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See Homepage. This page: A couple of ladies photographed in a RHD Citroen Type C tourer in the 1920s/1930s.
Original transport photographs
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A vintage Citroen 5CV Torpedo.

5CV Citroen car

This is another pic from Nigel's family album. The identity of this car was initially a bit of a puzzle, until someone on the forum identified it for us as Citroen's 5CV Torpedo, from the twenties, a French car of 856cc that is rarely seen in the UK now.

The 5CV was produced between 1922 and 1926. The first cars were known as the Type C, which evolved into the C2, and finally the C3 Cloverleaf in 1925, which benefited from a slightly longer chassis, offering an increase in interior space and enabled a single rear seat to be squeezed in between the front seat occupants and the folding hood. Unusually for a car of this age, it has an electric starter motor, so no swinging on the handle every time you wanted to start it up. The marketing back in the 1920s pointed out this feature, advising that it would be especially beneficial to the female automobilist(e). I wonder if that is why the two ladies in this photograph picked a Citroen, as opposed to a home-grown motor car?

Apart from the electrical side of things, the sidevalve-powered four cylinder Citroen 5CV was a simple, no-frills car, offering an affordable and straightforward mode of transport, and positioned one step up the pecking order from the lightweight cyclecars that were popular at the time with former motorcyclists (in the same way that bubble cars caught on with ex-bike riders in the 1950s). It might sound worrying that front wheel brakes were never fitted to the 5 CV, the 20s motorist making do with braking to the rear wheels only, and a transmission brake. However with a top speed of only 37mph or so, demon braking was rarely missed. Note how there was only a door on the passenger side, the driver's side sporting a fixed panel onto which the spare wheel was attached.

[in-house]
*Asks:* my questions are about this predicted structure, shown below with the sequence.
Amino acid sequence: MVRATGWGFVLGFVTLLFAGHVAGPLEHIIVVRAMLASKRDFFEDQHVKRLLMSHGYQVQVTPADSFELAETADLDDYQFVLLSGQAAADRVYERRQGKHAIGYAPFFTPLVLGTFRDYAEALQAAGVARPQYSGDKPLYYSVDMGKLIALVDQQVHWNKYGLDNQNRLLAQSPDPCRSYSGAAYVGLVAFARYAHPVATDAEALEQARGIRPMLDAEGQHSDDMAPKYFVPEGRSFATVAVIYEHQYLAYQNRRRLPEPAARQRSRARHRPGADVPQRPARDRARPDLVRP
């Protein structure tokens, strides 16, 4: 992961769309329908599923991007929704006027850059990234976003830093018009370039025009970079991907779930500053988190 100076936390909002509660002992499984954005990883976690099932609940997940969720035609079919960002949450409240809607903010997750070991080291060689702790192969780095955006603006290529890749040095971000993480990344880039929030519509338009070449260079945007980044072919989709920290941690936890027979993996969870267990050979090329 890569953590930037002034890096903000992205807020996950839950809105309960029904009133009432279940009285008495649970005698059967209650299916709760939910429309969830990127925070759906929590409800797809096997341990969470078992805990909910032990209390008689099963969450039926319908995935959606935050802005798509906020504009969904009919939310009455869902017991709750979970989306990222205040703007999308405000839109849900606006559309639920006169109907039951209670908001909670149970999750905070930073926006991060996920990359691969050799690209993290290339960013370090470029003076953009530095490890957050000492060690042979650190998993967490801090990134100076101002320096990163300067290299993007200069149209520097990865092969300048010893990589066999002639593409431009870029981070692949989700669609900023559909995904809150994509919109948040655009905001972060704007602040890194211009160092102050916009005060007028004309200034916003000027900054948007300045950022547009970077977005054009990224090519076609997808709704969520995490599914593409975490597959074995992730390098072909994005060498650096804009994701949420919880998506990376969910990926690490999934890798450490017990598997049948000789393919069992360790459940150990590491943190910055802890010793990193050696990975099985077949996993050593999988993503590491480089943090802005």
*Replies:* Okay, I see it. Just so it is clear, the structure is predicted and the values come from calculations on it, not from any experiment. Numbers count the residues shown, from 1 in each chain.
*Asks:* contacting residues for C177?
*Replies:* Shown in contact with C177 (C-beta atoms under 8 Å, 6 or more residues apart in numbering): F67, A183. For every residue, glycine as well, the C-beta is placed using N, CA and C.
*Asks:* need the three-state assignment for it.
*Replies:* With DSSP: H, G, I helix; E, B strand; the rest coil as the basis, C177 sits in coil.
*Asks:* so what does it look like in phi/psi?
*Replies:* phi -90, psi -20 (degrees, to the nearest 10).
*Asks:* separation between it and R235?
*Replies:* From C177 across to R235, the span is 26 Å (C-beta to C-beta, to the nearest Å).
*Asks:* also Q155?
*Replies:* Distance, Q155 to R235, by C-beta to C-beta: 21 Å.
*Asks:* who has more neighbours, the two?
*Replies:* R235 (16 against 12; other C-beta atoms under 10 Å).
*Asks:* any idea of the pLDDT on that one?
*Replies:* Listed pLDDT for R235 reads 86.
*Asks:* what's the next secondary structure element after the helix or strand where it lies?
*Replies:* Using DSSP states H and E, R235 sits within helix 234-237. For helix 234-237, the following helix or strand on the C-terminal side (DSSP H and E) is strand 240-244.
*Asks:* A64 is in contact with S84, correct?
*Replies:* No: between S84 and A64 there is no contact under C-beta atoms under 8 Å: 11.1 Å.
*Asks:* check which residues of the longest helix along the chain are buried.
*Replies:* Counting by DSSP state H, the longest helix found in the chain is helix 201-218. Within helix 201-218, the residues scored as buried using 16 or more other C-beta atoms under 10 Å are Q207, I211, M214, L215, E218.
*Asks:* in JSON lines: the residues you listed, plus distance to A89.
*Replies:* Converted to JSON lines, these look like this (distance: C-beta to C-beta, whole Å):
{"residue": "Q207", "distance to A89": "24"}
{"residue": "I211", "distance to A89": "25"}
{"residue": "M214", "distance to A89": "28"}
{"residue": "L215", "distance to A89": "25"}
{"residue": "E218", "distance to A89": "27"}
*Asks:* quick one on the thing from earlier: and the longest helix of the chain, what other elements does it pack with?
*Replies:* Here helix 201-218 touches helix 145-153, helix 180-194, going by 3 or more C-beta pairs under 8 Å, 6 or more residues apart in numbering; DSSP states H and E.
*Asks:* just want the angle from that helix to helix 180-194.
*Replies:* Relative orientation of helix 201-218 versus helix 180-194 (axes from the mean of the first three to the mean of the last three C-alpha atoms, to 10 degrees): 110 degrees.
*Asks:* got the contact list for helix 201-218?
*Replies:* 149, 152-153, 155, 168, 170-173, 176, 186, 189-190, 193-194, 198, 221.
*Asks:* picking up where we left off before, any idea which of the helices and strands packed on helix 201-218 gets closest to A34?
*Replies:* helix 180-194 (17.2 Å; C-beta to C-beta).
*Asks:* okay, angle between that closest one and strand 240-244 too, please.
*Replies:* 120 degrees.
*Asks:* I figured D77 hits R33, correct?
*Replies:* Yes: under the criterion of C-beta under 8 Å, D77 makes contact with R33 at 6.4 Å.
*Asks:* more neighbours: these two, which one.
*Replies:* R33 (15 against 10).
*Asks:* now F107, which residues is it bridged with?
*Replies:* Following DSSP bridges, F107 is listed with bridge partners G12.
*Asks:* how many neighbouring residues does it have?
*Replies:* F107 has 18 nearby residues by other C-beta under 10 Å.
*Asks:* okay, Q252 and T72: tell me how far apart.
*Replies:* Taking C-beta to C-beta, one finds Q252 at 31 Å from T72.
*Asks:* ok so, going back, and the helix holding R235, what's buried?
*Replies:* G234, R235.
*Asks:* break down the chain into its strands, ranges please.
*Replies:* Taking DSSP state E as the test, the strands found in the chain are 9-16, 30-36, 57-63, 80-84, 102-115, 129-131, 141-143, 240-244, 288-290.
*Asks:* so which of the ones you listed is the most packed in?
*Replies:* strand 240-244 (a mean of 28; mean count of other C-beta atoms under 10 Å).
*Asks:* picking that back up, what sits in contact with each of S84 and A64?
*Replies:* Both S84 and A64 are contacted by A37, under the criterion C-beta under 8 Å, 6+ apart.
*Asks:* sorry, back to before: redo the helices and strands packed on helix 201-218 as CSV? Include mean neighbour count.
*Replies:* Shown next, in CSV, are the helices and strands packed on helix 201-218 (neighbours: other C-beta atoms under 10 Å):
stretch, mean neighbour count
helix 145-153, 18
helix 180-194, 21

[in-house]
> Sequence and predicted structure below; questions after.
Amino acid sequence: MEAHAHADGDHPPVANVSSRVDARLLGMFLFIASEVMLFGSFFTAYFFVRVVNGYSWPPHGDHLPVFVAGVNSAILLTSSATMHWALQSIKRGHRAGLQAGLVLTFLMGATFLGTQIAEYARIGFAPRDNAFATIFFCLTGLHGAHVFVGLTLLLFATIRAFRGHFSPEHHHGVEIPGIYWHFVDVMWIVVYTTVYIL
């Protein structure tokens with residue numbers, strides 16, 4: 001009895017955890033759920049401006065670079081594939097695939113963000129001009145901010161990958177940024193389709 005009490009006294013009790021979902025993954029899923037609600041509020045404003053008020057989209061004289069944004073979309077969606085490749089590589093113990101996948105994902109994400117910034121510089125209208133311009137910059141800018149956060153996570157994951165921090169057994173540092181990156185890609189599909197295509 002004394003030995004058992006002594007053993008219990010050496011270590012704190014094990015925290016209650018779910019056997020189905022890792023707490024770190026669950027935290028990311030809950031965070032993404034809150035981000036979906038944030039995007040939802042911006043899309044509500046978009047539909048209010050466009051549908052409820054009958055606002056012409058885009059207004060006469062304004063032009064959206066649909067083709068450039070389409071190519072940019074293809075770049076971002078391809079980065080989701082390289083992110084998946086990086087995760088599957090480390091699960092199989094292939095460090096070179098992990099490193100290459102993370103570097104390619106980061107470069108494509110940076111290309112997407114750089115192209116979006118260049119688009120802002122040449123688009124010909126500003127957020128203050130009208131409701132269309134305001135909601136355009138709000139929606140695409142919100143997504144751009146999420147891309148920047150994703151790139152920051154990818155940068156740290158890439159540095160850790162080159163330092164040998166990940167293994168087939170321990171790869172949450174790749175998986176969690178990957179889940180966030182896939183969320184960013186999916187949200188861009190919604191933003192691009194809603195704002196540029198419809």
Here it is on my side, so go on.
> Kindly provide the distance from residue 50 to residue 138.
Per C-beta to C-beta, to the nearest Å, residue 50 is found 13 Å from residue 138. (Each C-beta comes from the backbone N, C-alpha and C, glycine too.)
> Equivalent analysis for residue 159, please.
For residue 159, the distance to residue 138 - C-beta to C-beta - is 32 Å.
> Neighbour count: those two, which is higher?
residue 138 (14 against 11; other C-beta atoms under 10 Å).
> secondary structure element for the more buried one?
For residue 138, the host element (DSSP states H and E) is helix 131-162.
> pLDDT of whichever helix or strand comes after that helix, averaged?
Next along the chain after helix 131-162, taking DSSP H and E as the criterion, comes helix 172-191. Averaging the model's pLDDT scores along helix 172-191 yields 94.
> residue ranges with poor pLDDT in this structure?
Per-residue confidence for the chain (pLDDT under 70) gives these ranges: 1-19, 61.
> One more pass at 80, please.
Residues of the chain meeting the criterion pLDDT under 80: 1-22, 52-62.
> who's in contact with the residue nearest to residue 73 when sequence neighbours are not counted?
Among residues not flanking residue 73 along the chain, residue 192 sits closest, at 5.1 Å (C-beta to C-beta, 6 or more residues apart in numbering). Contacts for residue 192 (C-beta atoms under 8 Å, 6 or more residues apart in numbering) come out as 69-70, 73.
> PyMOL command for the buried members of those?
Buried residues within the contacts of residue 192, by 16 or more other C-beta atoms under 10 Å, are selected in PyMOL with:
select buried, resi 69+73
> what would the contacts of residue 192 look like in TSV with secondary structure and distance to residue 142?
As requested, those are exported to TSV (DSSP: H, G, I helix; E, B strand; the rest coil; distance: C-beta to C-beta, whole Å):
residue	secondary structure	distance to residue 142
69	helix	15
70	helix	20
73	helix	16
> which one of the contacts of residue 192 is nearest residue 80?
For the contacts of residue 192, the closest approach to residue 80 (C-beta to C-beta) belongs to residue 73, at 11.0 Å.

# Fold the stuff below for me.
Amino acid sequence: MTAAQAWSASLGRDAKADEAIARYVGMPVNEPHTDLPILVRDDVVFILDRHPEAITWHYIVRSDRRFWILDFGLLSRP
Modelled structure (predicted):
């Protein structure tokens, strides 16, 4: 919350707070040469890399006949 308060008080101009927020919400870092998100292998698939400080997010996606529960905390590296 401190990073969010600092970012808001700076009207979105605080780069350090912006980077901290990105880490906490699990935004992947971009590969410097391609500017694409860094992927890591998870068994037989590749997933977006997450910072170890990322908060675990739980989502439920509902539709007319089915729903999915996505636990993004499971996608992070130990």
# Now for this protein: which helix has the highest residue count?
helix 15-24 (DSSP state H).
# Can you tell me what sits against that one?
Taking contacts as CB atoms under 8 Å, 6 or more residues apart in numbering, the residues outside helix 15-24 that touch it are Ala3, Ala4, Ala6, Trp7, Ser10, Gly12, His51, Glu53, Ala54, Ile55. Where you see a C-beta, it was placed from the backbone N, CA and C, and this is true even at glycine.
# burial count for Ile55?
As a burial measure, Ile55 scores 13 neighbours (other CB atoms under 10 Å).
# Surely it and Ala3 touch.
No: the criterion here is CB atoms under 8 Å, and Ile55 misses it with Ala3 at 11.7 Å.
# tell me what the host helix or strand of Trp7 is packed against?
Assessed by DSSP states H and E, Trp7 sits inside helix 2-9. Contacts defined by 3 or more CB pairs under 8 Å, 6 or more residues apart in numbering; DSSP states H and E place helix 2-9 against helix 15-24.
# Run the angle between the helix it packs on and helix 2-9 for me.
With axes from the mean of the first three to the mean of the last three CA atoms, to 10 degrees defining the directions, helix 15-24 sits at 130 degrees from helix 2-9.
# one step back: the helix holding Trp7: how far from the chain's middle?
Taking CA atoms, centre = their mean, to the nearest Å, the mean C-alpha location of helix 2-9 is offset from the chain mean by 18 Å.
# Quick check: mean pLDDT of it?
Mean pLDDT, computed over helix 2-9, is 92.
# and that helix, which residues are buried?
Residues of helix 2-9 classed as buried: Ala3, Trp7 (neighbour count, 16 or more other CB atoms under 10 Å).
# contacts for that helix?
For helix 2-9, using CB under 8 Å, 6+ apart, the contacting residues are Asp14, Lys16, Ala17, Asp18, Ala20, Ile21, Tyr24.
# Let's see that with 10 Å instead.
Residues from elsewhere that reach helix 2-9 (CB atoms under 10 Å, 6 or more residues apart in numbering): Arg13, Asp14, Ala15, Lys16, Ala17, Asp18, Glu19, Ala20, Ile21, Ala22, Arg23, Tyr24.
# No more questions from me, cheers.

The 5CV was produced in two French factories, both owned by Citroen, and both former plants for different motor manufacturers. Many 5CVs were built in what had been a Clement-Bayard factory, used during the First World War by Citroen for munitions production apparently. The remainder were produced down the road at the former Mors plant. A variant was also produced in Germany, at Opel's plant in Russelsheim, employing a slightly pokier engine of 950cc. A rather smart 5hp van was also offered by Citroen, code named VL.

There is much more information about the 5CV on this site: 5HP Citroen (English version).

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